India’s Unique Approach to Jointness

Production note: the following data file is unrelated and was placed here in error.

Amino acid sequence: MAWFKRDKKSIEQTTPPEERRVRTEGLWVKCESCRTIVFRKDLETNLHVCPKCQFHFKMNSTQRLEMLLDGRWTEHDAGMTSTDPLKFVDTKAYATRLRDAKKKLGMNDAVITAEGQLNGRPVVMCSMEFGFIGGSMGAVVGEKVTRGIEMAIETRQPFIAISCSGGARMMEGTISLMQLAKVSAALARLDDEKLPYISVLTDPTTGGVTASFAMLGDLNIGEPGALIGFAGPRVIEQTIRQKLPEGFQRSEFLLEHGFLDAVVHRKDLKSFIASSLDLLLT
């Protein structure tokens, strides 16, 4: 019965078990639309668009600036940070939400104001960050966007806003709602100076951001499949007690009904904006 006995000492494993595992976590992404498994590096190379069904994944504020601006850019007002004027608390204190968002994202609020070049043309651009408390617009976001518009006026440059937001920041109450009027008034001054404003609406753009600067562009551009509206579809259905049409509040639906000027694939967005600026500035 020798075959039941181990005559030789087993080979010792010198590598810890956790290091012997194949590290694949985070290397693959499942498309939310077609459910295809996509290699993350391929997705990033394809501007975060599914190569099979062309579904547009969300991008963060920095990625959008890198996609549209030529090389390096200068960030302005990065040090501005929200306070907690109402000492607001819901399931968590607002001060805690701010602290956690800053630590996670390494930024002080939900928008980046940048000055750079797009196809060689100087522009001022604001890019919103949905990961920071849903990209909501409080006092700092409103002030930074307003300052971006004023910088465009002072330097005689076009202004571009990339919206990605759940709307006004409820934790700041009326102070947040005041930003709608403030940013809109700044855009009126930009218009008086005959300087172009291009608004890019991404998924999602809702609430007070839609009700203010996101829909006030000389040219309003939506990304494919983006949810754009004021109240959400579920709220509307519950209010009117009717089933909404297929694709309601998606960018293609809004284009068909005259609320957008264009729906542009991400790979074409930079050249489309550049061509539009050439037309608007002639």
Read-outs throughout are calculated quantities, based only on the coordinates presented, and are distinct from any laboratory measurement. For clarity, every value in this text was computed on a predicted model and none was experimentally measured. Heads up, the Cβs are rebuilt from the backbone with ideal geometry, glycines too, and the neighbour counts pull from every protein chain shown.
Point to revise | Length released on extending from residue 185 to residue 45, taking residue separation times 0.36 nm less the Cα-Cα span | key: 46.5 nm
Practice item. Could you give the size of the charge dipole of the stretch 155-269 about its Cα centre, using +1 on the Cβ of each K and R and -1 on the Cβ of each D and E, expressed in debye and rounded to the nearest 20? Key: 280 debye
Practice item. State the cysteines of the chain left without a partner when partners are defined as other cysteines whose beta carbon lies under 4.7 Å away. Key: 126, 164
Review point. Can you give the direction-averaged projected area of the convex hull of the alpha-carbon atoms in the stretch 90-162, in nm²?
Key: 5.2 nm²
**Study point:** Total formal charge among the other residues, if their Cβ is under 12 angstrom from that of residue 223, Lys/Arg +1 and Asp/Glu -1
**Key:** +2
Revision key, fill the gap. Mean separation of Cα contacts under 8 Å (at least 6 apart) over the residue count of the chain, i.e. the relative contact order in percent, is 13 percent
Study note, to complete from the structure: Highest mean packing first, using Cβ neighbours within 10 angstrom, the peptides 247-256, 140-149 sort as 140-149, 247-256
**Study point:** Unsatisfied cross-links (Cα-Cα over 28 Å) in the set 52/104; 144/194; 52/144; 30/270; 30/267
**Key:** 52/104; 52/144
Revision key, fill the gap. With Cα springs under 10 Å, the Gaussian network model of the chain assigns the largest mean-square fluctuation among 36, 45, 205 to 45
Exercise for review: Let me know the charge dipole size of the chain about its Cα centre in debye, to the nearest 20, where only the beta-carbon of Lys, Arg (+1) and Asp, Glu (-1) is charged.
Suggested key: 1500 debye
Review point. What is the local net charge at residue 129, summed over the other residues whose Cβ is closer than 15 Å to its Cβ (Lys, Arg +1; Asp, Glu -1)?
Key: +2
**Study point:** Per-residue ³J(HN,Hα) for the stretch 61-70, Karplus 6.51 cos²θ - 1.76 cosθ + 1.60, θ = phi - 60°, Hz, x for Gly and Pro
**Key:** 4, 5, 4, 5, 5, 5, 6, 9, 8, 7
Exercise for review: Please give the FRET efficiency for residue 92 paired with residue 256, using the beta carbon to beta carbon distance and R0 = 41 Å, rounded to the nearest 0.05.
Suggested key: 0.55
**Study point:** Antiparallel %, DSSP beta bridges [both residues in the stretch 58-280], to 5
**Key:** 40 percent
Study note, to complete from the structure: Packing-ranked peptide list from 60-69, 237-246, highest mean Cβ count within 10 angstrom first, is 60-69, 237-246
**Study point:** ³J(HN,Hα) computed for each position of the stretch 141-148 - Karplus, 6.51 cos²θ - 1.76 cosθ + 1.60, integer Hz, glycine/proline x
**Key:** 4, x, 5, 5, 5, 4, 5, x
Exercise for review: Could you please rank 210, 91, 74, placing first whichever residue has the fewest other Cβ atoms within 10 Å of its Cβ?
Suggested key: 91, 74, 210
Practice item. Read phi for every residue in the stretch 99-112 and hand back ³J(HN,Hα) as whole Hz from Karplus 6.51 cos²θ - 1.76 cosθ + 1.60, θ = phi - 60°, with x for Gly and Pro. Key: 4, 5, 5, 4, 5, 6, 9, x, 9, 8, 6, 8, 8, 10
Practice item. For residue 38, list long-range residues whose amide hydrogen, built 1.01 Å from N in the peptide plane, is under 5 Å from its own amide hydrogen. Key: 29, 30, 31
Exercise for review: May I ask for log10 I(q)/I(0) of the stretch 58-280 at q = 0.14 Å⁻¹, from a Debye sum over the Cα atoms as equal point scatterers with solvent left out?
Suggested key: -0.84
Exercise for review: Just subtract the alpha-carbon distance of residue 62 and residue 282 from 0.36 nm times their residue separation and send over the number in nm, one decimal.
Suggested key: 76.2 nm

This chapter examines jointness—defined as the ability of the three services (army, air force, and navy) to operate together. It is informed by the widely held assumptions that jointness enhances military effectiveness but also requires civilian intervention. It chiefly argues that the single-service approach is still prevalent in India and that there has been an “incomplete transition” to jointness. This is primarily because of a lack of forceful and informed civilian intervention. The absent dialogue perfectly describes civil–military interaction on this issue. While making these claims, the chapter examines jointness in five major wars—the 1962 China war, the 1965 and 1971 India–Pakistan wars, the military intervention in Sri Lanka in the 1980s, and the 1999 Kargil war. It concludes by explaining why civilians have not intervened more forcefully on this issue.
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